To me, there is nothing better than eating fresh seafood by water. It’s important to feel connected to where our food comes from, but it’s hard to do that when fish is cut into unrecognizable fillets or when shrimps are pre-peeled.

Silvia Cohn

I prefer having my fish cooked whole for this reason, but also because it tastes better and is more rewarding to eat. However, I understand when people who have never eaten fish cooked whole get a little squeamish when there’s a fish head staring back at them. 

sauce, fish
Silvia Cohn

While studying abroad in Costa Rica, the program organized a trip to Nicaragua and took us to visit a lake. There, they served each of us a fried red snapper whole on a platter with some lime, rice, tostones (fried green plantain), and a bowl of tomato-based sauce with onions. I looked at it with my mouth watering, while others looked at it with mouths gaping in horror.

Everyone started chattering about how to best go about eating the fish. Eventually they figured it out and calmed down.

Once they were done eating the top half of the fish, there was panic again about how to get at the other half of the fish. The murmuring began once again: “How do I get at the other side?” “Ew, do I have to use my hands?” “Do I pick it up and flip it over?”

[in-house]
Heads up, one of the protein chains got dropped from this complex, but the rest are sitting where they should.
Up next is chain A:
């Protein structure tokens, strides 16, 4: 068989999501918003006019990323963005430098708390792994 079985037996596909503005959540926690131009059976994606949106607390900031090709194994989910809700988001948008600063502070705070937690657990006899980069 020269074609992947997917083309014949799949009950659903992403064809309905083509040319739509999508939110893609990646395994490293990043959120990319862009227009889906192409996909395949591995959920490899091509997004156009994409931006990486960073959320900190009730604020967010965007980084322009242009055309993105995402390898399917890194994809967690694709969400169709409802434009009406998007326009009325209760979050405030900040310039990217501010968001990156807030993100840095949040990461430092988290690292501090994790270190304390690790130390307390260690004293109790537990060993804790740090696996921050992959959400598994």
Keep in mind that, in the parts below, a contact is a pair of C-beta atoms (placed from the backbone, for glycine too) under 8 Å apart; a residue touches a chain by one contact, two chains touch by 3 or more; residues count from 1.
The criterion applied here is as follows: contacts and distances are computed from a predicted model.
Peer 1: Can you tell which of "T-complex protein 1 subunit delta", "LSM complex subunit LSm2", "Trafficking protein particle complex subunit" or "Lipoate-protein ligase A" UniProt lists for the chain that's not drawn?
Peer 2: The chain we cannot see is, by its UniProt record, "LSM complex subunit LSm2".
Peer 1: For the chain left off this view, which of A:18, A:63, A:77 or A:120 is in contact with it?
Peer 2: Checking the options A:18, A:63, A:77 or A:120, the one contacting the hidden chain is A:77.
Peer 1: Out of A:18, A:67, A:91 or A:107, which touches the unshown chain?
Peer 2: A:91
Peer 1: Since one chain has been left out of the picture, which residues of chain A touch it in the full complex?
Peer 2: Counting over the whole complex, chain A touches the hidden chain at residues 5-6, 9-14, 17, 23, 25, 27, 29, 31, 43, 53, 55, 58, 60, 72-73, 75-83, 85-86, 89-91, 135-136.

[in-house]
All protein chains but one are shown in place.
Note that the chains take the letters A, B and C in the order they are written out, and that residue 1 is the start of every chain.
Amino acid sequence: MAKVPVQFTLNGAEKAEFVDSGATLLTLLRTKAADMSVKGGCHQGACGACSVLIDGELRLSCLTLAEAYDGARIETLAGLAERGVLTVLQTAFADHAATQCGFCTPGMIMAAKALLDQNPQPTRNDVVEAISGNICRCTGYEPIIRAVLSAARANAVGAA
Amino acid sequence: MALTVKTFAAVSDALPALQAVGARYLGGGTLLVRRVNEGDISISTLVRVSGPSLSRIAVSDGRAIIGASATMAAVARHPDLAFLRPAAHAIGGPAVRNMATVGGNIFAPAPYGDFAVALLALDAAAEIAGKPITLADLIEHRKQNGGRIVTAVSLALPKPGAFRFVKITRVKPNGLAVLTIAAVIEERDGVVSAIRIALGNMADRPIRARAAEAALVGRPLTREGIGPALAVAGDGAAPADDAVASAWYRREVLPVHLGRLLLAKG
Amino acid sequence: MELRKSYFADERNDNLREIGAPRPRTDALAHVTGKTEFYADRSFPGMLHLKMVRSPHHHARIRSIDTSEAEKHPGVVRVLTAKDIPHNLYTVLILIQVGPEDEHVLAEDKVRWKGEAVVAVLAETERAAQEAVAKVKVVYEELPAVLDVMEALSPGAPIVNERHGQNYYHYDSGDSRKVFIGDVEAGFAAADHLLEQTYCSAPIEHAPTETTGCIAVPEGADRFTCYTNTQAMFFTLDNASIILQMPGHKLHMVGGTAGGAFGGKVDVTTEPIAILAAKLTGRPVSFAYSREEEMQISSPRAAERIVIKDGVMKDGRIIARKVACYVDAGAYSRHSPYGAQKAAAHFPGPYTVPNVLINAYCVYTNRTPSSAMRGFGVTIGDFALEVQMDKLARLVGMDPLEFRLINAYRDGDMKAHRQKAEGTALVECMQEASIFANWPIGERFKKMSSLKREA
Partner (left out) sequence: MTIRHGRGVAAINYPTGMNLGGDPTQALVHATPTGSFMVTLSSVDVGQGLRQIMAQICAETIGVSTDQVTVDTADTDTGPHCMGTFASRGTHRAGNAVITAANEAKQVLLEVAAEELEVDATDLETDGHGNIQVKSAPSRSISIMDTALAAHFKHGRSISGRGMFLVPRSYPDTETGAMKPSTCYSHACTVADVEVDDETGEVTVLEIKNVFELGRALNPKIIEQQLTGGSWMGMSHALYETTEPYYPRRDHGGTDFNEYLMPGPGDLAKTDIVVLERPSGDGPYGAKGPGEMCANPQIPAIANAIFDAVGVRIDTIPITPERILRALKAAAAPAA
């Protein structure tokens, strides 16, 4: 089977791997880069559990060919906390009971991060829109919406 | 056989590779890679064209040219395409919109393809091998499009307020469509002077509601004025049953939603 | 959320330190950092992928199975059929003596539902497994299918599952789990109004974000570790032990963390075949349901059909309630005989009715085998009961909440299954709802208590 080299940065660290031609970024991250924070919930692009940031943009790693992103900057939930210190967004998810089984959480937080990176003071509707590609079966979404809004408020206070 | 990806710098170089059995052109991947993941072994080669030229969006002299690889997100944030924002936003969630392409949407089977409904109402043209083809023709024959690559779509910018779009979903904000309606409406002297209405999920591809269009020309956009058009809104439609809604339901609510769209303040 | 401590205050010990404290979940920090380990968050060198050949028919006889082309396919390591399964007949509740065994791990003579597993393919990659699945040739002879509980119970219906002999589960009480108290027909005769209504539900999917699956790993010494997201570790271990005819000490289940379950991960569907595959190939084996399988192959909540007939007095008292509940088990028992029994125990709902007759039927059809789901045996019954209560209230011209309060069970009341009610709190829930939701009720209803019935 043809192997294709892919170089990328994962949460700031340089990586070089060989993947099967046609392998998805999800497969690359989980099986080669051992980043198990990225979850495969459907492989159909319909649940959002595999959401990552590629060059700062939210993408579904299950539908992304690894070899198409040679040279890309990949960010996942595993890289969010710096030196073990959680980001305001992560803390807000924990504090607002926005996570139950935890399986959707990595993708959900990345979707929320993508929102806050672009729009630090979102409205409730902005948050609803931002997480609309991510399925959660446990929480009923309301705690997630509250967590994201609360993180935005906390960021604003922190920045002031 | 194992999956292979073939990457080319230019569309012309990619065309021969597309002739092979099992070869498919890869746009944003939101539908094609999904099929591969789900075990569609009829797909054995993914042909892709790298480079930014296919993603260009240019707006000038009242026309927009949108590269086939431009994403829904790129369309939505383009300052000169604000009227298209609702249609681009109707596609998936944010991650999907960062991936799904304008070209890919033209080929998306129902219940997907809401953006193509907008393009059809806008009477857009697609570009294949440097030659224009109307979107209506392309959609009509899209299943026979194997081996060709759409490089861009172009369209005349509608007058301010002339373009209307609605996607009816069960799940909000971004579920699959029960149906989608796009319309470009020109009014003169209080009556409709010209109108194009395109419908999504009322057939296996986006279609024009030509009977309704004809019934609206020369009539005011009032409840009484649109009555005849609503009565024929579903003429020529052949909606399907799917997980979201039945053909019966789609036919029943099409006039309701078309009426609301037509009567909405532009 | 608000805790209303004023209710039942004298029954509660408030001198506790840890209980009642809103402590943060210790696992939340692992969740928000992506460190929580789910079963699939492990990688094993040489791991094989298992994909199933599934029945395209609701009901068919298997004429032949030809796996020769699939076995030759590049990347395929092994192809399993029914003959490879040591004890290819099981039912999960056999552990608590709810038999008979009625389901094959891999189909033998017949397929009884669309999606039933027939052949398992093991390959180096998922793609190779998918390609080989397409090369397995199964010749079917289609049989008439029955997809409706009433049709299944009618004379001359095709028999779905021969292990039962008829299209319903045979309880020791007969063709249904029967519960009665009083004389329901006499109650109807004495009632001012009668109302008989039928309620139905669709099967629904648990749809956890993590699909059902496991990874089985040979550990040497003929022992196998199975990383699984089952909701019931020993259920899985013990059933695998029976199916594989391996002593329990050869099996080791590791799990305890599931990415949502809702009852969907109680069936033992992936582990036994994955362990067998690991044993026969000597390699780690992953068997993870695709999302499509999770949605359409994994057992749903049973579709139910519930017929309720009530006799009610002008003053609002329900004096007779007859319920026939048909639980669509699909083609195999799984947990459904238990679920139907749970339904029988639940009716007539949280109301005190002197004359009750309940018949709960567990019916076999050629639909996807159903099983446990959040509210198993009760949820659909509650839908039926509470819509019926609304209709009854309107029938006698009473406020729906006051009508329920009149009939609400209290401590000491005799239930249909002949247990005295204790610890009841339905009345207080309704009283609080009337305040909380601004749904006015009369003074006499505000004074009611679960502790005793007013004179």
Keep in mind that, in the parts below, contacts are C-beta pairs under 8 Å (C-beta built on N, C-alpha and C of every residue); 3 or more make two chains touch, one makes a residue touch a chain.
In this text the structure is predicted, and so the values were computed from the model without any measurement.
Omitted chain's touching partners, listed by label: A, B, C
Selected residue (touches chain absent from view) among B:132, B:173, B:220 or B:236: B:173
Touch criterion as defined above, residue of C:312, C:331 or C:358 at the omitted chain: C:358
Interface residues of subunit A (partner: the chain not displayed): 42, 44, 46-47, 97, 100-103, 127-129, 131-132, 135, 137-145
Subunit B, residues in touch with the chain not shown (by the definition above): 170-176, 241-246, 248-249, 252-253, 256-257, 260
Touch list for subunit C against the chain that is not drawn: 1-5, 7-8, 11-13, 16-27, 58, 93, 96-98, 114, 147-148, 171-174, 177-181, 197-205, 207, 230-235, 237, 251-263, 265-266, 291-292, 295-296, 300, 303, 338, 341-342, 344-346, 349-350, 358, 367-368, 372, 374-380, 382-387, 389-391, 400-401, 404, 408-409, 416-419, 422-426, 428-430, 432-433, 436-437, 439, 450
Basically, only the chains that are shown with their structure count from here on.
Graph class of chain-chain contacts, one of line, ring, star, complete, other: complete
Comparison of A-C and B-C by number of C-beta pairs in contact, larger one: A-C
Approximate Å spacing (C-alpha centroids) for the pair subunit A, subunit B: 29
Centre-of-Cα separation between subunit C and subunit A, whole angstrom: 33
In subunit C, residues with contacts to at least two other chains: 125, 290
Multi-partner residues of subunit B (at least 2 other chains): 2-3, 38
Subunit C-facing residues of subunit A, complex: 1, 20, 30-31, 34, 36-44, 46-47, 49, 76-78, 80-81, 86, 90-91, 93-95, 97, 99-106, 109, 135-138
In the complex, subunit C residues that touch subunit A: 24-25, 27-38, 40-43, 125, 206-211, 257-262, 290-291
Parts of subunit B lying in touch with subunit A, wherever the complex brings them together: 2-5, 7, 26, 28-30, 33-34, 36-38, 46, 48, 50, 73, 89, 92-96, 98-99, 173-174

To avoid experiencing this panic, confusion, and frustration, here are some simple tips on how to eat fish cooked whole.

Eat Your Fish Whole Like a Champ

1. The meat in the center of the fish is the part that would normally be filleted. Start by gently peeling this meat away with your fork piece by piece along with the skin.

2. Be careful of spines. Some types of fish are more bony than others. You’re bound to get at least one in your mouth, so just carefully spit it out.

3. Once you are done with this half of the fish, there are two options depending on preference: remove the spine, or just flip the fish over.

4. Once you’re done eating the other half of the body, it’s time to pick at the rest. Meat around the tail and fins can be difficult to get at with a fork so I suggest just picking it up and nibbling.

5. There is even meat in the head. Don’t forget the cheeks! Some fancy restaurants even serve just the cheeks as a delicacy; why not have them with the entire fish? 

In many ways, cooking a fish whole is far superior to fish fillets. Keeping the body intact tends to hold in the flavor and moisture better. Most importantly, you waste less of the meat. It may be a process to eat, but at least you can enjoy every last bit—and maybe even find it more rewarding. Forget filleted fish!